31 May 2018

Review: The Call by Edith Ayrton Zangwill

Hardcover, 374 pages
Published 2007 (originally 1924)
Borrowed from the library
Read June 2017
Women's Suffrage Literature, Volume VI: The Call
by Edith Ayrton Zangwill
[B]old as it sounded, Professor Smee went on to say he was going to correct one of Sir William Leveridge's statements. Had they ever heard of the carter to whom another man said, "That there's a nice horse o' yourn. What be his name?" "His name?" the carter replied. "Why, he be a she and his name be Betsy." Now Sir William had spoken of a Mr. Winfield's work. "Like the carter," Professor Smee announced with a smile, "I say that this gentleman is a lady and his name is Miss Winfield. As Miss Winfield is here to-night, perhaps she will tell us something about her experiments." (23)
Ursula Winfield is 23 years old, upper middle class, and devoted to one thing: chemistry. The Call is a 1924 novel about a young female chemist, one who attends meetings of the Chemical Society, does experiments in a spare bedroom, and presents at meetings of the British Association despite pressure from her mother to marry and what we might now call "microaggressions" from her fellow (all male) scientists. It's a delightful novel-- the best part is when Ursula finally discovers a man to which she's attracted, and who is attracted to her. It's not all chemistry and romance, though: Ursula must also fend off the advances of an older, married scientist (in what Maroula Joannou has argued is a direct refutation of H. G. Wells's Ann Veronica), becomes a badass suffragette hunger-striker, and researches countermeasures to German chemical weaponry during the Great War.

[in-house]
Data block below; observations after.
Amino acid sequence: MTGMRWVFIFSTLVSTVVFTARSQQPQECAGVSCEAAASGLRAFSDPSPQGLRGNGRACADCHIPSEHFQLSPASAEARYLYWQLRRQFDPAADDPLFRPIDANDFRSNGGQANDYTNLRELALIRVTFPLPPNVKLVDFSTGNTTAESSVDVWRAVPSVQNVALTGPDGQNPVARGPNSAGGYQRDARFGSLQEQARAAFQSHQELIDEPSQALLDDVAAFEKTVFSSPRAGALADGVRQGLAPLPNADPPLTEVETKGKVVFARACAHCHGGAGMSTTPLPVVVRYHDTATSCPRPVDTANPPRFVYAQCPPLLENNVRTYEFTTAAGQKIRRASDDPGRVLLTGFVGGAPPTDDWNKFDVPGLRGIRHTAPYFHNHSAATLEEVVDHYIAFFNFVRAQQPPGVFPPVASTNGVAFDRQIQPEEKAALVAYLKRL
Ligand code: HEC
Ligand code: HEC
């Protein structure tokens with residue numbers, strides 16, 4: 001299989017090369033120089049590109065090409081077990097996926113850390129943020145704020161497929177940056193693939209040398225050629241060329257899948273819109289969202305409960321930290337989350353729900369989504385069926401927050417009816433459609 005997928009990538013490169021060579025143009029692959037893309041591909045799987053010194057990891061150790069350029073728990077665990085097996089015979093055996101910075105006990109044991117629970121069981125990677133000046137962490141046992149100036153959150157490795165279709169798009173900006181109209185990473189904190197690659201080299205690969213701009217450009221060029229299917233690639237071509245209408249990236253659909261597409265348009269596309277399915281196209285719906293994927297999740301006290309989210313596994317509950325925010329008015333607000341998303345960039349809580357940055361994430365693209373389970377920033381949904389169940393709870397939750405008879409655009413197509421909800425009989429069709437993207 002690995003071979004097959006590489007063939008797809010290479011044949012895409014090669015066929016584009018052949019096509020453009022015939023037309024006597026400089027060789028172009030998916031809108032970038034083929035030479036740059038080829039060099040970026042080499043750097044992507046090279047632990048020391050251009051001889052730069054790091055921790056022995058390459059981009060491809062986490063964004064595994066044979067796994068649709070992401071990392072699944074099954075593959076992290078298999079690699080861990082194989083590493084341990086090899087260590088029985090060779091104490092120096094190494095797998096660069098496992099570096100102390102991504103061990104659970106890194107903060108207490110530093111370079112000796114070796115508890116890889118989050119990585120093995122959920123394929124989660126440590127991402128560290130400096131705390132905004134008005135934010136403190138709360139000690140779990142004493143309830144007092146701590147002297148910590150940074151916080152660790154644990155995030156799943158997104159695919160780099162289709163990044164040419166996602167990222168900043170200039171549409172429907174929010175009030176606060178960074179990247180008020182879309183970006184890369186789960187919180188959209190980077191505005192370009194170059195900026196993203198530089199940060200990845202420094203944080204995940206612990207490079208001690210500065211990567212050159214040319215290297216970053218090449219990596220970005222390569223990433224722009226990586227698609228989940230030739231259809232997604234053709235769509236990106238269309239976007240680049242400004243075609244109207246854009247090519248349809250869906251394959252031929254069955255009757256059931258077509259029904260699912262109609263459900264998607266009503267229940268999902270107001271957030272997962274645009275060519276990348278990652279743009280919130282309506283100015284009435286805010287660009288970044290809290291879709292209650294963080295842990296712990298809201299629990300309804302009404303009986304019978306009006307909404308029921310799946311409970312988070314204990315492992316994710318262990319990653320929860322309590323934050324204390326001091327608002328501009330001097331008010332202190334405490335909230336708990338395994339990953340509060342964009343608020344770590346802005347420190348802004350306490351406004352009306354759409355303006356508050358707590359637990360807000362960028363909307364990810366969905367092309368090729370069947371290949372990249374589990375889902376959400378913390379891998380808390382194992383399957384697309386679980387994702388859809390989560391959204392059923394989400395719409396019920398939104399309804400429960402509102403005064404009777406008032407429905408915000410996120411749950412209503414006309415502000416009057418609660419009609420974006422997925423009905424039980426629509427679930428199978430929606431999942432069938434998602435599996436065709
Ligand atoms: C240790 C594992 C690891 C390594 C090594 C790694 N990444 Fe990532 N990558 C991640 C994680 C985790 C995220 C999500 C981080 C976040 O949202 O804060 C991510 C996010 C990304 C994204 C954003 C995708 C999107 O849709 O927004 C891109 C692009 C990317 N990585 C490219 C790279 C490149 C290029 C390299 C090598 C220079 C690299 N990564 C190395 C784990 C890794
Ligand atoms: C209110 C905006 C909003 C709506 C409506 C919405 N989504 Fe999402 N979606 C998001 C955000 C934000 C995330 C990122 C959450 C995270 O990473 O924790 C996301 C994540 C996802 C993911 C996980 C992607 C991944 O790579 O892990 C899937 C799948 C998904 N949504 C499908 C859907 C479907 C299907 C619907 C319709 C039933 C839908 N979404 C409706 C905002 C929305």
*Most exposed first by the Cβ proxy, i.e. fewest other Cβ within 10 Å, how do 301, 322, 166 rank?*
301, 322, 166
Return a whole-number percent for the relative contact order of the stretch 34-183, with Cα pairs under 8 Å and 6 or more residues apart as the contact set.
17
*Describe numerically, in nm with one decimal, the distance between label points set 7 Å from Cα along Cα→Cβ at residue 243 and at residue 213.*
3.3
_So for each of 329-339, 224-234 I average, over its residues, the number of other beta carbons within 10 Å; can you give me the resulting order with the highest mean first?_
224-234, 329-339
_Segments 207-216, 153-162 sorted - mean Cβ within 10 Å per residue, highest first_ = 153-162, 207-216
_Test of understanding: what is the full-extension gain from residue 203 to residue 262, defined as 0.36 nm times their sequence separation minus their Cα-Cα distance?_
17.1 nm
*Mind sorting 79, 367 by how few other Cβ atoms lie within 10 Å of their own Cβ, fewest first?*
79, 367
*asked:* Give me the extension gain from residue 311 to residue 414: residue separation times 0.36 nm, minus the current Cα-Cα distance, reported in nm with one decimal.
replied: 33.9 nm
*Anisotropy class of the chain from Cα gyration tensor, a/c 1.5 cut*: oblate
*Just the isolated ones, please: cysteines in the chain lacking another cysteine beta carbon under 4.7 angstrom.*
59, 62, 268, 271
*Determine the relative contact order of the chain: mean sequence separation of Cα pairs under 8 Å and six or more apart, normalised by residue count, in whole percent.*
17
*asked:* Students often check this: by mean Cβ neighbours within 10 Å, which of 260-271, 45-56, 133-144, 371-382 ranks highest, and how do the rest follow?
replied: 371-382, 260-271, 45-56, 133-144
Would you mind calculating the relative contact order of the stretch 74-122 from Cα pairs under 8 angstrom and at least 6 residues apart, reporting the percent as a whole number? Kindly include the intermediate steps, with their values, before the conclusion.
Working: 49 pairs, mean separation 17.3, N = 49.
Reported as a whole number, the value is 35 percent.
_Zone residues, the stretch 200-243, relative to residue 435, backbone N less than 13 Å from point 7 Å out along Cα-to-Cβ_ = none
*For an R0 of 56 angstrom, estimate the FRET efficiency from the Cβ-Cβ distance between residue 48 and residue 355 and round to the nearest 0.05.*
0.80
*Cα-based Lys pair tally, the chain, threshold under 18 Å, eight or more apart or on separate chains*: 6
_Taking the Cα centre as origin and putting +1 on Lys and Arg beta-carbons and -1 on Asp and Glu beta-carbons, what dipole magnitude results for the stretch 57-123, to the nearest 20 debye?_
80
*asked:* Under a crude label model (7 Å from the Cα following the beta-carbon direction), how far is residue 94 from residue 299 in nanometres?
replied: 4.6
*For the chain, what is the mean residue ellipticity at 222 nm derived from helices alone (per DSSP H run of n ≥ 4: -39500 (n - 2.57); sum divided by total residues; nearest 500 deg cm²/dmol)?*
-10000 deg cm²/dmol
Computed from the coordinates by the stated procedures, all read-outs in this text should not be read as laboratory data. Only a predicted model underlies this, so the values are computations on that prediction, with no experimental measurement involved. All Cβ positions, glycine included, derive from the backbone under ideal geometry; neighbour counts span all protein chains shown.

Zangwill's mother was a physician, and the account of what it was like for a woman in science in the nineteen-aughts rings true for me; heck, it rings true with some elements of being a woman in science today. I don't know how many women of science there were in fiction in the 1920s, but in the nineteenth century they're an absolute rarity, and they're usually villains, too, so my continuing interest in the scientist in literature means I was very much fascinated by the depiction of Ursula here, especially as to how science interacted with her social and political lives. But it's not just academically interesting; it's got some good jokes and there's even a lab bench makeout scene!

One thing to definitely complain about: the book's original 1924 publication is an absolute rarity. Bookfinder identifies no copies for sale on the Internet, and Worldcat shows holdings in just eight libraries worldwide. I got it from interlibrary loan in a 2007 edition from Routledge, included as volume six of a reprint title called Women's Suffrage Literature. Only, for some reason, the six-volume set has a cover price of $1,850! And the book hasn't even been typset; it's just a (sometimes poor) facsimile of the 1924 edition. What the hell can that $308 per volume even be going toward? You could print-on-demand this thing for much, much less. Routledge really does take advantage of the academic library market.

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